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And now, a word on The Word

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Wonder why the deacon proclaims the gospel? Wonder no more…

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Deacon Bill Ditewig is ruminating these days on the deacon as Minister of the Word, and he reminds us of a few points that we all need to remember:

The deacon — as servant to and for the People of God — proclaims Christ in the Gospel in order to sacramentalize the servant-character of the Gospel itself.  The Gospel not only delivers “good news”; that good news is also a call to service, a call to action.  As the Church teaches, this ministry is diaconal, NOT an act of the presider.  In fact, the rules surrounding this part of the liturgy is quite illustrative.  When a deacon is present and assisting, he IS the minister of the Gospel.  Period.  This is not one of those optional things which either the priest, deacon, or another minister may do.  This one is for the deacon.  If there are 500 bishops and priests present, it is still the responsibility of the deacon.  In fact, have you ever seen the pope proclaim the Gospel at Mass?  Nope.  Here’s some more: In a concelebrated Mass, if there is no deacon present and serving (and why not, I have to ask?), the priest-presiding is STILL not the first choice to proclaim the Gospel in the deacon’s absence.  Rather, one of the concelebrating priests is to proclaim the Gospel if there is no deacon.  Only when there is no deacon, and no concelebrant, is the priest presiding to proclaim the Gospel; he is, literally, the last choice.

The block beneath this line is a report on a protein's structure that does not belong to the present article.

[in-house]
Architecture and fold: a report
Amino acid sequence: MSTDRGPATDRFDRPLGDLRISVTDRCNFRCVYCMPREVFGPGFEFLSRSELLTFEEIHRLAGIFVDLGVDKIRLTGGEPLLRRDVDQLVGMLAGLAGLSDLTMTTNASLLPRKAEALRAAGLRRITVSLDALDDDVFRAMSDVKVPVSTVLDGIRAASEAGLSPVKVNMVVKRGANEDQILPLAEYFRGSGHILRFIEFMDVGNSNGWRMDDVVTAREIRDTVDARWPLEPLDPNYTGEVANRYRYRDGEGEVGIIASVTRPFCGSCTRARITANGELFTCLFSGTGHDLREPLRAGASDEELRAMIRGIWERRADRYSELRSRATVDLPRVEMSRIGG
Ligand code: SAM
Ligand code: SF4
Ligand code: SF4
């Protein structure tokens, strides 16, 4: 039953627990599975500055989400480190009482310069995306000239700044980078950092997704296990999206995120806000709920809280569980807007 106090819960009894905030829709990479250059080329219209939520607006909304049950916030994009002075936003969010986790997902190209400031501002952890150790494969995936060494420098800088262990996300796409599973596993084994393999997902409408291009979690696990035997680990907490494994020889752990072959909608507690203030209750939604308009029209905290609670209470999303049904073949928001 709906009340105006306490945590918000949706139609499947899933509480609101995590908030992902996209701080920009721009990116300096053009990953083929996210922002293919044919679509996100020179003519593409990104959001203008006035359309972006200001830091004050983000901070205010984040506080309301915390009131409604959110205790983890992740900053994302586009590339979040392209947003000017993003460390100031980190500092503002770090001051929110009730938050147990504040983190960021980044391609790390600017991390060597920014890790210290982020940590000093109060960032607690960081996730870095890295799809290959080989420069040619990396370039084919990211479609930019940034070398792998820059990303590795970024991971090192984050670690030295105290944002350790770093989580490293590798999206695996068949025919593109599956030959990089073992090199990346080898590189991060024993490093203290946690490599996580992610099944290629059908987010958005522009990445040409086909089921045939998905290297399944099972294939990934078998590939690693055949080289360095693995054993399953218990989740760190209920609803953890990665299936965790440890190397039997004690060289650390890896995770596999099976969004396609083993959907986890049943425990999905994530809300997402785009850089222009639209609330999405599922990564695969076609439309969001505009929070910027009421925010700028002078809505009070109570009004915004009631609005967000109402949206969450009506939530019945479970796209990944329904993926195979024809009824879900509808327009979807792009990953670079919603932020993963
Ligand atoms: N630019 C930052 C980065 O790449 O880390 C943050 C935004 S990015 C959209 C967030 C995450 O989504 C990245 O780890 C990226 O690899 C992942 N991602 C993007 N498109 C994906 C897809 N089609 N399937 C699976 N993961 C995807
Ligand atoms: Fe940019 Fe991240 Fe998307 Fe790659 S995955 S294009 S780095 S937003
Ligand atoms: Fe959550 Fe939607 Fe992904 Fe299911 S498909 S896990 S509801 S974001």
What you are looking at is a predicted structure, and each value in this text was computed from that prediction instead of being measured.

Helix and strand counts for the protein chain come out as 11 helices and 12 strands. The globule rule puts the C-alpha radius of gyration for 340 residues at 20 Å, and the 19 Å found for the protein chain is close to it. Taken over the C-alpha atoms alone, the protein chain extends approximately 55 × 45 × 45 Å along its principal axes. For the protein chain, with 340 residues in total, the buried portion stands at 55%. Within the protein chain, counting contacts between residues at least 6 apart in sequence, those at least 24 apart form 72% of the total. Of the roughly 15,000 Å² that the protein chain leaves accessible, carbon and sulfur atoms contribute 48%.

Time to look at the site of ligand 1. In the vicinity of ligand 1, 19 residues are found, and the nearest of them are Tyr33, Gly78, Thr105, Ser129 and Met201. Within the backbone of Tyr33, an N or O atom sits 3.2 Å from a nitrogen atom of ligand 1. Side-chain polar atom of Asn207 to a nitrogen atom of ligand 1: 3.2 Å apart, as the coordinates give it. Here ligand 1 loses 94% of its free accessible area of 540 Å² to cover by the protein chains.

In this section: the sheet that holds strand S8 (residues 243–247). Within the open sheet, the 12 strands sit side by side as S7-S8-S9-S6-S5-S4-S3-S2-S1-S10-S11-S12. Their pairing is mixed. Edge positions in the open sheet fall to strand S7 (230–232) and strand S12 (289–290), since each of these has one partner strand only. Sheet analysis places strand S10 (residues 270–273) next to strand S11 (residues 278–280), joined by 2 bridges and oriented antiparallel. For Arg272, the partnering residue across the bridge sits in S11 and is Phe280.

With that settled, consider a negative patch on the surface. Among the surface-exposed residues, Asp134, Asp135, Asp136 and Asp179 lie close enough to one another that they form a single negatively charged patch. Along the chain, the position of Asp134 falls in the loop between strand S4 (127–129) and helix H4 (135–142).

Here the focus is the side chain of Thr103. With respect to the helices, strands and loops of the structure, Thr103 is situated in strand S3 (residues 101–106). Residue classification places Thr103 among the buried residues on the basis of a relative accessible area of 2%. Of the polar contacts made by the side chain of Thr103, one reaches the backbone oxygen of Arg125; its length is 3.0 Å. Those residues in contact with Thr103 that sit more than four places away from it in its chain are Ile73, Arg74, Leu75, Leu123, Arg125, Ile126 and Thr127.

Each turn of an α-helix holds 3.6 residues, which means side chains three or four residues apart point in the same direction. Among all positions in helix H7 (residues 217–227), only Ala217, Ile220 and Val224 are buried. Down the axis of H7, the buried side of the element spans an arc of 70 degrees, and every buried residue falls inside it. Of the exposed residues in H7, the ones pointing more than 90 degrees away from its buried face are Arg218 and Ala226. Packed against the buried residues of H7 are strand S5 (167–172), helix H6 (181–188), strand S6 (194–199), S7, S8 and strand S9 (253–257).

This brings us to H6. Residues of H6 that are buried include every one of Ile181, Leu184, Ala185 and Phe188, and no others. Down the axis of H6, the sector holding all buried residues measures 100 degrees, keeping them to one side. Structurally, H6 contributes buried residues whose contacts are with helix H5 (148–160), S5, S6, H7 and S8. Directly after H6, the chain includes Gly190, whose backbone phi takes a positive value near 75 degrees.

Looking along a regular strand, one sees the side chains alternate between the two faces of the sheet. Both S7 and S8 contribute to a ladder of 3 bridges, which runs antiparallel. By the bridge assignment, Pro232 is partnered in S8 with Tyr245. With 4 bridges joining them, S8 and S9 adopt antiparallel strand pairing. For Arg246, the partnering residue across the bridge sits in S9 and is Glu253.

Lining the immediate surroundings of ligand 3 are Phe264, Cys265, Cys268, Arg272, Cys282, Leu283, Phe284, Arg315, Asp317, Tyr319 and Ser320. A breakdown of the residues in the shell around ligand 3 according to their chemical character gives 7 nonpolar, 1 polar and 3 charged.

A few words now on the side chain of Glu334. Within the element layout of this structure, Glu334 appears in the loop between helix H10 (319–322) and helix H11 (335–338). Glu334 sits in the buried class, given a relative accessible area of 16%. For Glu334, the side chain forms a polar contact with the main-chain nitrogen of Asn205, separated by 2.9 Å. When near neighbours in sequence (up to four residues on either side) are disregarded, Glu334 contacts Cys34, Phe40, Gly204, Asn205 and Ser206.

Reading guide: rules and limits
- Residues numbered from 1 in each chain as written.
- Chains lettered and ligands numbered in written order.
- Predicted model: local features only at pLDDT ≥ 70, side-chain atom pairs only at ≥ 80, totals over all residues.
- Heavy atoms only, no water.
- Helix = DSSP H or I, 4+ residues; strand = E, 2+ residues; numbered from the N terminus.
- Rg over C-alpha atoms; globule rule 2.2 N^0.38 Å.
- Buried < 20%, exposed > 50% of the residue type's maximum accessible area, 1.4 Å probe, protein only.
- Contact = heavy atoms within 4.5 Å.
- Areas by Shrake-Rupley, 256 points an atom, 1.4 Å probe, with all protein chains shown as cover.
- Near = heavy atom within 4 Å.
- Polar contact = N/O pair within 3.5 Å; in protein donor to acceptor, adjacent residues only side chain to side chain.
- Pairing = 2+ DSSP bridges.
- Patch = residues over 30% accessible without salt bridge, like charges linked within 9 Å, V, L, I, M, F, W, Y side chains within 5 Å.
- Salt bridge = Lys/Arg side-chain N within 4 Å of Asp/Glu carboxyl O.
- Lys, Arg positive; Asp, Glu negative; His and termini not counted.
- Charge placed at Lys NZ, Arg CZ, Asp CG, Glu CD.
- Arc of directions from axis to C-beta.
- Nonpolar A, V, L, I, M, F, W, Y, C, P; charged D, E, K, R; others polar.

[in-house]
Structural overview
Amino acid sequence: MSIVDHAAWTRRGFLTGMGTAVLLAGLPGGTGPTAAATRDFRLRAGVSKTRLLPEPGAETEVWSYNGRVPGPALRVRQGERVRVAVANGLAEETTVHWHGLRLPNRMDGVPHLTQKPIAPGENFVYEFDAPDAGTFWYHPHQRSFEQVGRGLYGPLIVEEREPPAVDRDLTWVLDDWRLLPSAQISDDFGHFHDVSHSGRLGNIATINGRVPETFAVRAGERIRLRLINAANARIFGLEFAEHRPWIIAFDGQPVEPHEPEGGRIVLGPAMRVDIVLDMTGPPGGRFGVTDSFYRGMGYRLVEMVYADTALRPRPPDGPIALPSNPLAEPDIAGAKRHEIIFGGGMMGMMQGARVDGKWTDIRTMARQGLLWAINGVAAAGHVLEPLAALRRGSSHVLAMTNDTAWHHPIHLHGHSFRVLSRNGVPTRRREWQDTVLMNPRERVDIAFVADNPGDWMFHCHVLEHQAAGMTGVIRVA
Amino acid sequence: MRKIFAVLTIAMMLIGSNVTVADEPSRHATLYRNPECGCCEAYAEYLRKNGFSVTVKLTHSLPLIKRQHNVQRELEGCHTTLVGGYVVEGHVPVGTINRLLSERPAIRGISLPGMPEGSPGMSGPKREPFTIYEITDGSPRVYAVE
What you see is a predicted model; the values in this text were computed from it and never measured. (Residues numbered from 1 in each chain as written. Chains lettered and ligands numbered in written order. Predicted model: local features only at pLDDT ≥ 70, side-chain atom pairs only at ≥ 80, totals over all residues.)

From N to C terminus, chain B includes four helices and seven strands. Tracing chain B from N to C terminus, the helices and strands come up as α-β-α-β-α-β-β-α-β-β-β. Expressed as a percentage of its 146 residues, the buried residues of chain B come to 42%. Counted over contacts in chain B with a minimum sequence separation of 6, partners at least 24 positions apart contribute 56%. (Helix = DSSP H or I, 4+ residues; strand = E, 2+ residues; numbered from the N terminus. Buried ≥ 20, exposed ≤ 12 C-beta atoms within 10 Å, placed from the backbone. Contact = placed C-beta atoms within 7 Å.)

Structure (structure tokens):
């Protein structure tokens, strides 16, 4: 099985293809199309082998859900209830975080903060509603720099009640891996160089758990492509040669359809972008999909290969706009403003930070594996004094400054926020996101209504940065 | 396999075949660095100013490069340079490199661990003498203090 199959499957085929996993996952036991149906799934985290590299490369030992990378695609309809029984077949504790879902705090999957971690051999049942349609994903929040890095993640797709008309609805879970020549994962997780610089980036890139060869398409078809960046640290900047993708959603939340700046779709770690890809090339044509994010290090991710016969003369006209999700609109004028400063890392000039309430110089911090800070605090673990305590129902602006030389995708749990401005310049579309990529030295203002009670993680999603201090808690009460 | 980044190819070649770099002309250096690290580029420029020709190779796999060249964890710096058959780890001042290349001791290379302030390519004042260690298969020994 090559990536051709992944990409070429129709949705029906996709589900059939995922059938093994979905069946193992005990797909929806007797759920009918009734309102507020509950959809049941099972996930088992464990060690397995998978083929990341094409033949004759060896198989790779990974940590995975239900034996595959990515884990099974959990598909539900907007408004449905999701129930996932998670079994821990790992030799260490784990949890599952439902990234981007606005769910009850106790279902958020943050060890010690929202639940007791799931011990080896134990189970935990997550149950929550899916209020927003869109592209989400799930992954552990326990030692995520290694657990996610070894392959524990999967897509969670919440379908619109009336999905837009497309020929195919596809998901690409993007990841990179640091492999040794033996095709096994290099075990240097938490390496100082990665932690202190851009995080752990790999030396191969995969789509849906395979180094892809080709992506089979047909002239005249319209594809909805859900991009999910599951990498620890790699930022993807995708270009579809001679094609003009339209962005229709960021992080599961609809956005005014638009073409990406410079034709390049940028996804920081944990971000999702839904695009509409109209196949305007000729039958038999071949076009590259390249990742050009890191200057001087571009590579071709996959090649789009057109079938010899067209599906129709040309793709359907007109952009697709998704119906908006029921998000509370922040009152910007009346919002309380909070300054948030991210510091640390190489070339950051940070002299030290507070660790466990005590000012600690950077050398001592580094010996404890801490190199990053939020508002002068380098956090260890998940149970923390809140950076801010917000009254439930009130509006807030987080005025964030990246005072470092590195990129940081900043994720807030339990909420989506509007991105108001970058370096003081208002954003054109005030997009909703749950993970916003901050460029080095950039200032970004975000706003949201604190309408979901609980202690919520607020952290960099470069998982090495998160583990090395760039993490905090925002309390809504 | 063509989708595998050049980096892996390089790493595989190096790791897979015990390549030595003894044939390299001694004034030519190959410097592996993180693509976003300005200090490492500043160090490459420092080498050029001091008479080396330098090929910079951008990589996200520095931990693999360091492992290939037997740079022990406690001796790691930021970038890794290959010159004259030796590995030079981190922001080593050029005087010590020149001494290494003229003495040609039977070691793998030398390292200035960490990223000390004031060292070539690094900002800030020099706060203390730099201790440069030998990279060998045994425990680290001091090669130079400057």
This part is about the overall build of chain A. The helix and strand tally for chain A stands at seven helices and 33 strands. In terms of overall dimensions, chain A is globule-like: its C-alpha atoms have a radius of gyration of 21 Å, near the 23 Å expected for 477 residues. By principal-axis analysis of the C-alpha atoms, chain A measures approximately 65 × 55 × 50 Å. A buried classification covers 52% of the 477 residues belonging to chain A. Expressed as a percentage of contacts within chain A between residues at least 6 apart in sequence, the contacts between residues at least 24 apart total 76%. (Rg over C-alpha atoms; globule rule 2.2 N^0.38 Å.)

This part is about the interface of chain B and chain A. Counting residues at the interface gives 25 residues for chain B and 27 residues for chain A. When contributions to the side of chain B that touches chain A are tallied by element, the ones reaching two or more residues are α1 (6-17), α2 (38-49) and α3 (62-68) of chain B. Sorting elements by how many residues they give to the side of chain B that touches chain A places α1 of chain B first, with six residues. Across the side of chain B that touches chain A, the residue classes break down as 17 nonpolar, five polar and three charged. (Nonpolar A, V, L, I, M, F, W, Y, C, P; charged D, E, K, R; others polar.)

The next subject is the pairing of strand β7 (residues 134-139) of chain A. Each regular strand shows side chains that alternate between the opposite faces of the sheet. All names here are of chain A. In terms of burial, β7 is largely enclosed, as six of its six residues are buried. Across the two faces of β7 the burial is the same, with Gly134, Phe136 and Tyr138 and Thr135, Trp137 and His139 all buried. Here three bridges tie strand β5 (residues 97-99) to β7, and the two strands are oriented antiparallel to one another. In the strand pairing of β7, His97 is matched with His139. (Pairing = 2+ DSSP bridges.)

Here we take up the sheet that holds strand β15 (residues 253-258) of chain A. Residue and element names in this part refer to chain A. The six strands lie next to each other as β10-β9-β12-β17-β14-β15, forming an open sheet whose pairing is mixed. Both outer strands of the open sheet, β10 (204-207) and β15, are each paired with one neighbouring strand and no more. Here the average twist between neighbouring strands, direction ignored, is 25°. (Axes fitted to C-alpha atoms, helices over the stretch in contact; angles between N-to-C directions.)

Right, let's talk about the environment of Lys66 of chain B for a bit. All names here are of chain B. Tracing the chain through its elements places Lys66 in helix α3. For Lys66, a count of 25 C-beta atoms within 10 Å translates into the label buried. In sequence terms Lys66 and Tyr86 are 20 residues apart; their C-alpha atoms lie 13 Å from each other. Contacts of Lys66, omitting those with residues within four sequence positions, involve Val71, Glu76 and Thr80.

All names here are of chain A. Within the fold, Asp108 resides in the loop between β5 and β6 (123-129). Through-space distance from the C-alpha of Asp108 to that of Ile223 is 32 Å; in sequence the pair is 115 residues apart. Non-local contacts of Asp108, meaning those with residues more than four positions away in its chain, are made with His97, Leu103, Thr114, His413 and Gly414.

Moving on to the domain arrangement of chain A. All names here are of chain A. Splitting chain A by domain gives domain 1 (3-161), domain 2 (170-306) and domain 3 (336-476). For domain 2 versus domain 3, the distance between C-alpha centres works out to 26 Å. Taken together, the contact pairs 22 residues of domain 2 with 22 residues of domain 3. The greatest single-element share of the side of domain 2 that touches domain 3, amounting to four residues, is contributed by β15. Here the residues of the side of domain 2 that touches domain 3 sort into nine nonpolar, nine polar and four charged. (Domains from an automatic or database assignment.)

And yet, we still have some priests who will simply tell the deacon before Mass, “I’ll do the Gospel today, since I’m preaching; I have some things I want to stress in the reading that tie into the homily.”  I wonder: What if he were going to preach on the FIRST reading (usually from the Old Testament).  Would he go to the lay person who is assigned to read that day, and tell her, “I’ll do the reading today, because I want to stress some things that tie into the homily.”  I certainly hope not!  There’s a reason why each of us has different roles in the liturgy, and the church is clear: each of us is to to “solely but completely” what is ours to do.

You’ll want to read it all.  He’s promising more installments.  I look forward to seeing what else Deacon Bill has to say on life in the pulpit.

(For those wondering: yes that’s me in the picture, from Holy Thursday, 2008, beginning my first Triduum as a deacon.)

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